14 Column 1: Circumstances, context
List basic facts about the emergency; Enter facts about the issue in general, including its context and history. In column one, enter all the facts that are relevant to the emergency: what happened, where, what kind of radiation is involved, how much, what is being done to bring things under control, what kind of monitoring is being done...? Write down a full description of the basic facts of the emergency. In the pre-event stage, there is time to think through the important basic facts regarding different types of emergencies. For example, in preparing for a transportation emergency in which radioactive material falls off a truck, you might want to have an explanation for why radioactive material is sometimes transported on local roads. Gather some basic facts about radiation, and dose, and penetrating power of different particles (these will be explained in a later lecture). In Column one, also include the context that would be important should this particular type of emergency occur. Have similar incidents occurred in the past? When? How did they turn out? What are public attitudes towards nuclear power? What are the political realities in the local communities? What is the state of current relationships with key stakeholders?

15 Column 2: Risk Perception Characteristics
Based on the facts in Column 1, list the psychological factors, like trust, control, or uncertainty that might be involved in the emergency; List all the emotional factors that might be involved, but prioritize them based on their importance; Trust is always key. In Column Two, enter which particular psychological risk perception characteristics (those discussed in the Lecture on Risk Perception) might be involved based on input in Column one. Many of the factors will be involved in almost any radiation emergency. The idea of writing them down here is that, by the time you get to the end of the process and start considering messages, you will have these factors spelled out so you can base your messages not just on what’s going on – the facts – but also some of the key emotional components of the situation. Think about how people feel!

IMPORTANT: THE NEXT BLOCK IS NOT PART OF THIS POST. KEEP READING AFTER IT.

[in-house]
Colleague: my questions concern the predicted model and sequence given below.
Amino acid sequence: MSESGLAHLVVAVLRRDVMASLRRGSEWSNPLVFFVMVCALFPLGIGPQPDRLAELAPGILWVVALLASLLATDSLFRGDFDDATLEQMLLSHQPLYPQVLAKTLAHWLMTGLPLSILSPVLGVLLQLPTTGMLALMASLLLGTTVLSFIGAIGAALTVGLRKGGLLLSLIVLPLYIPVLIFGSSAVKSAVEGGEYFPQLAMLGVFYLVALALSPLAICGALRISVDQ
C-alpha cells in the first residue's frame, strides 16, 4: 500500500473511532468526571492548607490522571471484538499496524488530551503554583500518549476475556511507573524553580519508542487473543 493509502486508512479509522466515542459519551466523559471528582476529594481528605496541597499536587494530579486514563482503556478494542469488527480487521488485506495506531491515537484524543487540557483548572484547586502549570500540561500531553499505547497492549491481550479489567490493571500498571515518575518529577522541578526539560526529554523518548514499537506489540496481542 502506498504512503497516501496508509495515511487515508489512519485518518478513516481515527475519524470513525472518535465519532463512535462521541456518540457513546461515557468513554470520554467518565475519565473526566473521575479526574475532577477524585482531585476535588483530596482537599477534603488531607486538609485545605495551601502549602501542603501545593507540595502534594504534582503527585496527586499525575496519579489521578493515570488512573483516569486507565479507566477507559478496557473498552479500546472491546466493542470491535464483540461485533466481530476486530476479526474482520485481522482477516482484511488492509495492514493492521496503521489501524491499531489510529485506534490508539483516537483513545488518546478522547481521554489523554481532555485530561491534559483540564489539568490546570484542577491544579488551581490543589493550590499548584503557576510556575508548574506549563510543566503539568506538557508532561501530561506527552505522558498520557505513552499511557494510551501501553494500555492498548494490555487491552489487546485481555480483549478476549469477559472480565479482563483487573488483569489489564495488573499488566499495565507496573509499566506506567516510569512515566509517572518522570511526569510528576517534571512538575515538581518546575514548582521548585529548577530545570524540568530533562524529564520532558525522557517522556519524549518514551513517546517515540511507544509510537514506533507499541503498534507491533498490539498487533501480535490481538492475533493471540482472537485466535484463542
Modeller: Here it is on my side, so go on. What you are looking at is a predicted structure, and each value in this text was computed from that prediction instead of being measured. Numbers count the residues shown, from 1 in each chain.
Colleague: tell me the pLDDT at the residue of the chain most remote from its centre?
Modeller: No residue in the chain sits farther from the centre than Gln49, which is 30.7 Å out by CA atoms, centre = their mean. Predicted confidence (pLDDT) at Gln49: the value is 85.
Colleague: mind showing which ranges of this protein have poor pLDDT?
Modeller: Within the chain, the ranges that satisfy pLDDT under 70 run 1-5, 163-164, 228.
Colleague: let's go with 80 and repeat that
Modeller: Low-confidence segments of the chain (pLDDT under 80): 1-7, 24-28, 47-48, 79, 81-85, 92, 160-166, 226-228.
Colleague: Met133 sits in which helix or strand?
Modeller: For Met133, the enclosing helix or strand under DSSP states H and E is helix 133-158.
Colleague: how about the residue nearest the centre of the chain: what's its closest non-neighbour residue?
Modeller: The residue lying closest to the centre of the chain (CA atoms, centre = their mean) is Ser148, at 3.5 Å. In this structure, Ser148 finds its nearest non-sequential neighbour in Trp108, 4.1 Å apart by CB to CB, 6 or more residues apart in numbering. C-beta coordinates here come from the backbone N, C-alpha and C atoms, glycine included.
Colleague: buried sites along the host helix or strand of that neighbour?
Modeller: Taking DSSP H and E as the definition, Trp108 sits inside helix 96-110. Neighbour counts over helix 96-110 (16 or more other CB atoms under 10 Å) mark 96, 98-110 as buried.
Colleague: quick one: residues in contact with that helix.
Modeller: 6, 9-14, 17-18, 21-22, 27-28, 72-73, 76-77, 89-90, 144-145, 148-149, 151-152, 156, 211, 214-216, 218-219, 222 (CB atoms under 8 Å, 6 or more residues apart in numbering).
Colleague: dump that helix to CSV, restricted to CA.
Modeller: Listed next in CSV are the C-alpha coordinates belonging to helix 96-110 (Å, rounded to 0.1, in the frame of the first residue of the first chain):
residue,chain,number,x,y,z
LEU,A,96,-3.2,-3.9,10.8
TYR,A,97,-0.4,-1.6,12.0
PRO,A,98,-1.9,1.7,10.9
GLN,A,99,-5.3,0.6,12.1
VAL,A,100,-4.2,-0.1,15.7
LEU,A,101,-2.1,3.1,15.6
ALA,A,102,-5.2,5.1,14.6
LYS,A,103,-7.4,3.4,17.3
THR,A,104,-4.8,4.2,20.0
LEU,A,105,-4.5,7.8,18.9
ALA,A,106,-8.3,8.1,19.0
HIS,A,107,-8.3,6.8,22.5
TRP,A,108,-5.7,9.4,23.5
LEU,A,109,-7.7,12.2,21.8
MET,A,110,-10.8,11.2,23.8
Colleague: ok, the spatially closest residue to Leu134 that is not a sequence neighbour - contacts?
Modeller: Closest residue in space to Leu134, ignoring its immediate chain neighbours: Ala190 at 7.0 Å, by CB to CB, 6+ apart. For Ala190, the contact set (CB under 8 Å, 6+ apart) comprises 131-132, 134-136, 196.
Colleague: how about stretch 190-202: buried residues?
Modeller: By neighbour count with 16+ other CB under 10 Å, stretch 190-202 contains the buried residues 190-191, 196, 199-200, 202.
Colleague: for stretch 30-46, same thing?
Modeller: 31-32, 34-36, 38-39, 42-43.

16 3 Column 3: Audiences Who do you want to reach?
Identify special at-risk populations; Some of the risk perception factors in Column 2 will apply to certain audiences more than others. 3 There is a full lecture on audiences later in the course. In this column write down who you want to reach. There is no one audience for most emergencies. There is the general public nationally, the local public closer to the emergency site, even the neighborhood closest to the emergency. These people all feel differently and need different information. There might be other audiences too such as government officials, mothers of young children, the elderly… Once you have listed a specific audience, think about how that audience feels about the event. There may be special risk perception factors, that go in Column Two, that are stronger for some audiences than others. Look at your list of audiences and go back to Column Two and make sure the risk perception factors particular to that audience are included.

17 Column 4: Channels List the various ways to reach each audience: